By: John S.M. Yormie, Jr. Coordinator Gabriel L. Dennis Foreign Service Institute, Republic of Liberia. Author: Liberia in the Colorful World of Diplomacy
Located on the west coast of Africa, Liberia is a widely embraced nation-state. It has a legacy as the oldest democracy in Africa and one of the oldest in the world with stunning accounts in the master art of Diplomacy. Liberia gained its independence on July 26, 1847. (available at http://www.history.com/this-day-in-history/liberian-independence-proclaimed retrieved May 10, 2020) . Shared by Liberians, for the most part, is that enviable legacy.
However, a back peddler that has emerged to be indicators of lagging in necessities of social welfare which have increasingly blurred this fine image. Similarly, these indicators have resulted in imagined arrays of peril discontent under the canopy of glaring lapses in the 21st century.
Hence, considering that there are many faces to look at in describing society and with no attempt to only view the recent nosedived aspects of Liberia’s rich heritage of diplomacy; this paper attempts to discuss various kinds of Aid, contexts of Aid dependency and advance required forms of diplomacy to move beyond Aid from a broader context of the African continent to specific cases of Liberia. It is also driven by the provision of alternative policy options and prescriptions as well as plausible measures to promote the spur of growth and development in pursuit of peace and economic prosperity which are key to the Country’s national policy broader framework( the Pro-Poor Agenda for Prosperity and Development/ PAPD). While doing so, the paper also screen lines some characteristics for which Liberia can be mirrored as a challenged nation-state.
From the earliest days when the felt need for mechanisms to convey messages was the crux of diplomacy (available at https://www.diplomacy.edu/resources/general/history-and-evolution-diplomacy, retrieved on May 10, 2020), to the rise of international organizations and increased waves of multilateralism today; it can be agreed that diplomacy comprises phases and features. In further ascend, changing dynamics will always emerge amidst competing priorities. So who gets what will depend on the models, instruments, and approaches in providing for the vital interests of the citizenry for every given sovereign state.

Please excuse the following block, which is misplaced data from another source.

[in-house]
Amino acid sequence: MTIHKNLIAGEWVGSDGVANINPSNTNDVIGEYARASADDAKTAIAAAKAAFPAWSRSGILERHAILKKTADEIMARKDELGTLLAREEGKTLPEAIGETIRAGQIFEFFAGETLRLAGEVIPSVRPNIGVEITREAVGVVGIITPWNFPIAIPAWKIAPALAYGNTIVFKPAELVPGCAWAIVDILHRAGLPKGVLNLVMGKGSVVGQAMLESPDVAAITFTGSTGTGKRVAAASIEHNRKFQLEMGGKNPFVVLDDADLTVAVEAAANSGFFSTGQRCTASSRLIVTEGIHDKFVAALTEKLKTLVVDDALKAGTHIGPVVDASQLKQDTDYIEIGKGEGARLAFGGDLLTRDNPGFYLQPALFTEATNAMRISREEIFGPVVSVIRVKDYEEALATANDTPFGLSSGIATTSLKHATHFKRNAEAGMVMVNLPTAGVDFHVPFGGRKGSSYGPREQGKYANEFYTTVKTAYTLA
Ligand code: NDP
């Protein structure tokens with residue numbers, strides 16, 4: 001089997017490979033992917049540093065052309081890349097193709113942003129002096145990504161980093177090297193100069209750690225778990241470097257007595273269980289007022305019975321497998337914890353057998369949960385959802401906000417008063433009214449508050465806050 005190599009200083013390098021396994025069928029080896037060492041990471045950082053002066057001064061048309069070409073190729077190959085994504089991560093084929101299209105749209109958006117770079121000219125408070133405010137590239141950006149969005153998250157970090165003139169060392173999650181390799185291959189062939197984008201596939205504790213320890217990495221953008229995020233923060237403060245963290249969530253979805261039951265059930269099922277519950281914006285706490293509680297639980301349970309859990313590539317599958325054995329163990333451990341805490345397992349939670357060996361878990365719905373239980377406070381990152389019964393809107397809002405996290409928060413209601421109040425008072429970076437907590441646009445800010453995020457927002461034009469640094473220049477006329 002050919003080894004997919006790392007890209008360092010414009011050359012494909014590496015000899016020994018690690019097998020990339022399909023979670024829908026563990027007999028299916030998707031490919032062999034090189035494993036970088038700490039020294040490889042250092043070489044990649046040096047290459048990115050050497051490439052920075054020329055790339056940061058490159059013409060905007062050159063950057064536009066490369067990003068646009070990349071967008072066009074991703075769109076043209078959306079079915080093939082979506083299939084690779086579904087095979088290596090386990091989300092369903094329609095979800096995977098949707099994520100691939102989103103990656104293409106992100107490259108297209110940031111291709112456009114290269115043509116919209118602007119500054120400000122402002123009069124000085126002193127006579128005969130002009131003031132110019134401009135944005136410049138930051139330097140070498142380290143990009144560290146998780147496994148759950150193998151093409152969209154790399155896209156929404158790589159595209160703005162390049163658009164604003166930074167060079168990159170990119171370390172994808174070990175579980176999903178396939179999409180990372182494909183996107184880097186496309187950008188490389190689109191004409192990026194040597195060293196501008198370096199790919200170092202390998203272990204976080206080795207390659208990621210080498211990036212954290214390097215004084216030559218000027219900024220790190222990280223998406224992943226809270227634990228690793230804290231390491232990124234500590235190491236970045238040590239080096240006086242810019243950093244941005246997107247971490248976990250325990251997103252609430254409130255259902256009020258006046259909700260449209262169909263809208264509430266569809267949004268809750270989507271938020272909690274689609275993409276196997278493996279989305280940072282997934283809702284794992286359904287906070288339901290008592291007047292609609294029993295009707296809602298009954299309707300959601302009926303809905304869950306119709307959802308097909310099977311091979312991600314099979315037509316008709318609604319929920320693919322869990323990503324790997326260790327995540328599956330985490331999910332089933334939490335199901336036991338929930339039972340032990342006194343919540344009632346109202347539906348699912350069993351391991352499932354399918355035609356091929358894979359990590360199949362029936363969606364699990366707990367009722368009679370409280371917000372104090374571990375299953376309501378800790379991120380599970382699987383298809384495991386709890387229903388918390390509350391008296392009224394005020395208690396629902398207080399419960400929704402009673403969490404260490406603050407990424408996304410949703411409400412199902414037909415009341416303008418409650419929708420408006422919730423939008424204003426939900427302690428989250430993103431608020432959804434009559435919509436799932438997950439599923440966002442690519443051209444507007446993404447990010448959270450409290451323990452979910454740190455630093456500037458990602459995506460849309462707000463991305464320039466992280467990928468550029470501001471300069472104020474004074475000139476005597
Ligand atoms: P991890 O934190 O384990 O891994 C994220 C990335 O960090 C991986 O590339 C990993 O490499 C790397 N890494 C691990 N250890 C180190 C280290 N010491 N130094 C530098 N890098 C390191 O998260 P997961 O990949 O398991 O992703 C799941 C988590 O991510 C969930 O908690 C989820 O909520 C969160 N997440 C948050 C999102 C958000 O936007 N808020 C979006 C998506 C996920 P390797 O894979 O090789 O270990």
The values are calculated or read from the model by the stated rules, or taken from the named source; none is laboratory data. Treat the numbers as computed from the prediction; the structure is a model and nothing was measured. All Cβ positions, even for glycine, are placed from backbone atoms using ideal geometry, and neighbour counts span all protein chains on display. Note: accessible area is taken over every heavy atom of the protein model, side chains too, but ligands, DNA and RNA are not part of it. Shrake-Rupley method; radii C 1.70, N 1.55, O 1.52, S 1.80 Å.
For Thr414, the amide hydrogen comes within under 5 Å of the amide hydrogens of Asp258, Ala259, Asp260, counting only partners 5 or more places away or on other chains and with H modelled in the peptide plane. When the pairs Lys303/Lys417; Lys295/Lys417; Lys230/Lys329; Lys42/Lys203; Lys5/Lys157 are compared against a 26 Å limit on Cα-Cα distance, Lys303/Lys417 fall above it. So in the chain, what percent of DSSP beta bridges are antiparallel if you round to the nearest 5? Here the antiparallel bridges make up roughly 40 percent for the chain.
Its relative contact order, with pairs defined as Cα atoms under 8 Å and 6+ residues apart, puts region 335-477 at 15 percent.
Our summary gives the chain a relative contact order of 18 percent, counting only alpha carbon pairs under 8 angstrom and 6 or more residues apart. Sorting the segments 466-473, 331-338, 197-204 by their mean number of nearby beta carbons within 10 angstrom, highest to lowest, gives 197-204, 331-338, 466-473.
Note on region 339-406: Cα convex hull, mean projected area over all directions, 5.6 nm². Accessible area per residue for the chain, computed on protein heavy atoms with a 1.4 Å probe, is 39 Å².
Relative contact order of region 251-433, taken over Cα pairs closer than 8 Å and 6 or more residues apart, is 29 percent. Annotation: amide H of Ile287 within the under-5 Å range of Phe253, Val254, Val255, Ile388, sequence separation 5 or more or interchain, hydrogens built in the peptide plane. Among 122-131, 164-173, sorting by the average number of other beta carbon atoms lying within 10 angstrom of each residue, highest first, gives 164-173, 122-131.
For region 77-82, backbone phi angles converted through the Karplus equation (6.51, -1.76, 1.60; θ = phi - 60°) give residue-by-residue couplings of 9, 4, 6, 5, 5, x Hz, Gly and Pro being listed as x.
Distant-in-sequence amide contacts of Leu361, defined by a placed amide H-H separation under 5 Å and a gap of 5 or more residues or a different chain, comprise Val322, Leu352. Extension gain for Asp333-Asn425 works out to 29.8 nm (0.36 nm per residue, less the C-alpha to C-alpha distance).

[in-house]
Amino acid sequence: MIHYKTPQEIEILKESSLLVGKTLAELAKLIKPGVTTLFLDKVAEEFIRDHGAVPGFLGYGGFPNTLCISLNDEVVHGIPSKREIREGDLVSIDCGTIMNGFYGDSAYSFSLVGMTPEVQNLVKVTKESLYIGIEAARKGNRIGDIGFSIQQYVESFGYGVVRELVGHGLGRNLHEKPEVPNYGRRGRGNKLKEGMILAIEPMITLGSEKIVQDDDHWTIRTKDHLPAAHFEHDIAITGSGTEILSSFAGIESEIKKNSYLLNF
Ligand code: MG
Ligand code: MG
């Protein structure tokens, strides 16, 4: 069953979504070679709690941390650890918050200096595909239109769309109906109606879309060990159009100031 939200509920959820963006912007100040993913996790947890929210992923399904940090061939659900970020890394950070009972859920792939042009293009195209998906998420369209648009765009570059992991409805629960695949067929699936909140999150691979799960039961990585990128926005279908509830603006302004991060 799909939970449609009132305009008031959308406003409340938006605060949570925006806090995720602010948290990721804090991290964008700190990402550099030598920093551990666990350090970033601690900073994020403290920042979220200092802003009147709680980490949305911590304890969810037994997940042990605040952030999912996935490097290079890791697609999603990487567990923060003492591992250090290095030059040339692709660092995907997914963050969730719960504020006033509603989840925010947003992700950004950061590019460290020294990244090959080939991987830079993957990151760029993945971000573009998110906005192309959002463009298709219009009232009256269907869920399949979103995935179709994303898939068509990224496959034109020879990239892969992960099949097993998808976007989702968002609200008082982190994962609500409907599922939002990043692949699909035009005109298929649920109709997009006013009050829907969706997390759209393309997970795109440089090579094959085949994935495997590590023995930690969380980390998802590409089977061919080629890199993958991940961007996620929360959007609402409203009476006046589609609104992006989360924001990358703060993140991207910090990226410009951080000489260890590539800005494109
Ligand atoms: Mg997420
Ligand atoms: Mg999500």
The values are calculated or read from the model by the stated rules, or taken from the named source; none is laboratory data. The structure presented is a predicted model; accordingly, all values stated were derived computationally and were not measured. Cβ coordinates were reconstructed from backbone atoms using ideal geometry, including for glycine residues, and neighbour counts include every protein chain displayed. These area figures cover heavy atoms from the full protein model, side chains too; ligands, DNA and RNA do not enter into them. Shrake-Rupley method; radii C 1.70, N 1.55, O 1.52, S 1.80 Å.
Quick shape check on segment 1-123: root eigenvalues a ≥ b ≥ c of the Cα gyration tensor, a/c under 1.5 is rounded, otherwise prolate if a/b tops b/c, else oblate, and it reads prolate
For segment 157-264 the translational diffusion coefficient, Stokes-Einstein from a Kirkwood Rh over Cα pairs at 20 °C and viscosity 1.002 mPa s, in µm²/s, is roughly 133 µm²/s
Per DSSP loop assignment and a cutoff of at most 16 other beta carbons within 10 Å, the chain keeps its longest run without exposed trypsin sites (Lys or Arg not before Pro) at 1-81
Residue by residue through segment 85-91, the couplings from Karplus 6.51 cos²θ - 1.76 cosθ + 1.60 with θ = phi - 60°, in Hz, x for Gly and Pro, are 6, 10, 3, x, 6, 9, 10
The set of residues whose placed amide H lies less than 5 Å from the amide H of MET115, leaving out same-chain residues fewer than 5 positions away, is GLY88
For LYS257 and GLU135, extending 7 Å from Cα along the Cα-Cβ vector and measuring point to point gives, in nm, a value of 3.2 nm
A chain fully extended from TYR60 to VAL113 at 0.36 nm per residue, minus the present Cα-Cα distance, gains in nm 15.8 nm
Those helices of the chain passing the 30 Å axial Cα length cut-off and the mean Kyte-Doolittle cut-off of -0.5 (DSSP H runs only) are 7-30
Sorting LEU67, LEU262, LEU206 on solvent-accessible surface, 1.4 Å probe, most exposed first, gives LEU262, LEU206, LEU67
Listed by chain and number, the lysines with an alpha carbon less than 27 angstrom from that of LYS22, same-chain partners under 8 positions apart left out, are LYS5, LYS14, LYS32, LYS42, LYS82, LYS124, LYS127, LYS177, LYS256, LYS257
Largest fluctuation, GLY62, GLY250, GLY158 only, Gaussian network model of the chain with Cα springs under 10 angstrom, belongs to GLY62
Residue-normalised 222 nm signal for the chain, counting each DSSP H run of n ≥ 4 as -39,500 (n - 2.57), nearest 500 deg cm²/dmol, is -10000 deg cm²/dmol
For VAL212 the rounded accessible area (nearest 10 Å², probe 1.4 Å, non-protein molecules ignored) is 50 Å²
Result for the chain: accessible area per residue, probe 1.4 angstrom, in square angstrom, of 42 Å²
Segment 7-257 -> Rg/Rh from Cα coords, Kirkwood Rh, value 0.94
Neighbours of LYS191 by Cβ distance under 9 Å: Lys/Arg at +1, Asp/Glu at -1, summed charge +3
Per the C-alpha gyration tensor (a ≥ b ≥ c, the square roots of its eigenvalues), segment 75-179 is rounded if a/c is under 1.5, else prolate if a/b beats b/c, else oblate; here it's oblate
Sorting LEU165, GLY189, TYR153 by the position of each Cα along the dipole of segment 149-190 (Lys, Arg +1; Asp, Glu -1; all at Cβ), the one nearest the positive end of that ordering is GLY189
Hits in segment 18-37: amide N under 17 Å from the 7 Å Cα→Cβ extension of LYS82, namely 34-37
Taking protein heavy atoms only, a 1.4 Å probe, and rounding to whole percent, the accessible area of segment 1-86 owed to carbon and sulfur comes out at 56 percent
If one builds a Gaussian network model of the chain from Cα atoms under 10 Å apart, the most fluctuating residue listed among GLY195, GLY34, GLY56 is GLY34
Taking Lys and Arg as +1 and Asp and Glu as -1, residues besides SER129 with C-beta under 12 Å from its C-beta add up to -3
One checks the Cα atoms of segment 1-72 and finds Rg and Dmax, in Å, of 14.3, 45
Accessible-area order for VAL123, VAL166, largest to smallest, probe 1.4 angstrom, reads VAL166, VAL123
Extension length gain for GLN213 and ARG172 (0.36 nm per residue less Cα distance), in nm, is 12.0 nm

Among many working definitions Britannia .com defines Diplomacy as the established method of influencing the decisions and behaviors of foreign governments and peoples through dialogue, negotiations, and other measures short of war or violence. Besides, aid can be viewed essentially as money or resources that one country voluntarily transfers to another, it takes the form of a gift, a grant, or a loan; which is Bilateral aid( Investopedia, 2020). Other forms of aid include multilateral aid, project aid, tied aid, etc. However, according to Dambisa Moyo, aid could be further categorized broadly as humanitarian or emergency aid,charity-based aid, and systemic aid ( Moyo, 2010).
The Author agrees that aid originates from the emerging and already developed Countries(ibid). This means most of the receiving countries are in the sub-Saharan states and largely the global south or simply developing countries ( ibid).
Hence, looking at a famous classical quote that there is no free launch (William, S.), there is more to look into when discussing aid relations among countries. Whether it is merely based on benevolence or tied to certain interests and foreign policy goals as engendered in soft power acquisition, deep dives into aid are crucial viewpoints to consider. These accounts even bring reasonable viewpoints and conclusions that aid itself is so broad and problematic too.
Nevertheless, with no attempt to ignore the significance of investigating and analyzing these strands of benefits between and among aid donors and recipients, the following questions have become more relevant here. Why and when aid becomes necessary? Has aid been utilized properly in Liberia? Why and how Liberia can move beyond aid?
For instance, Dambisa Moyo in her book titled “Dead Aid: Why Aid Makes Things Worse and how There is Another Way for Africa” presents profound arguments essentially describing the ineffectiveness of aid in Africa. She asserts that development policy in Africa today can be attributed to a great myth that billions of dollars sent by wealthy countries to developing African countries have helped to reduce poverty and increase growth.
Moyo associates these failures to over-reliance on aid that traps these nations in a vicious circle of aid dependency, corruption, market distortion, and further poverty leaving them with nothing but the need for more aid( Moyo, D. 2010). These attributes are essentially associated with Liberia premised on the allusion that the Country’s long history as a recipient of billions in aid does not essentially match the desired impacts( Yormie, J.;2019).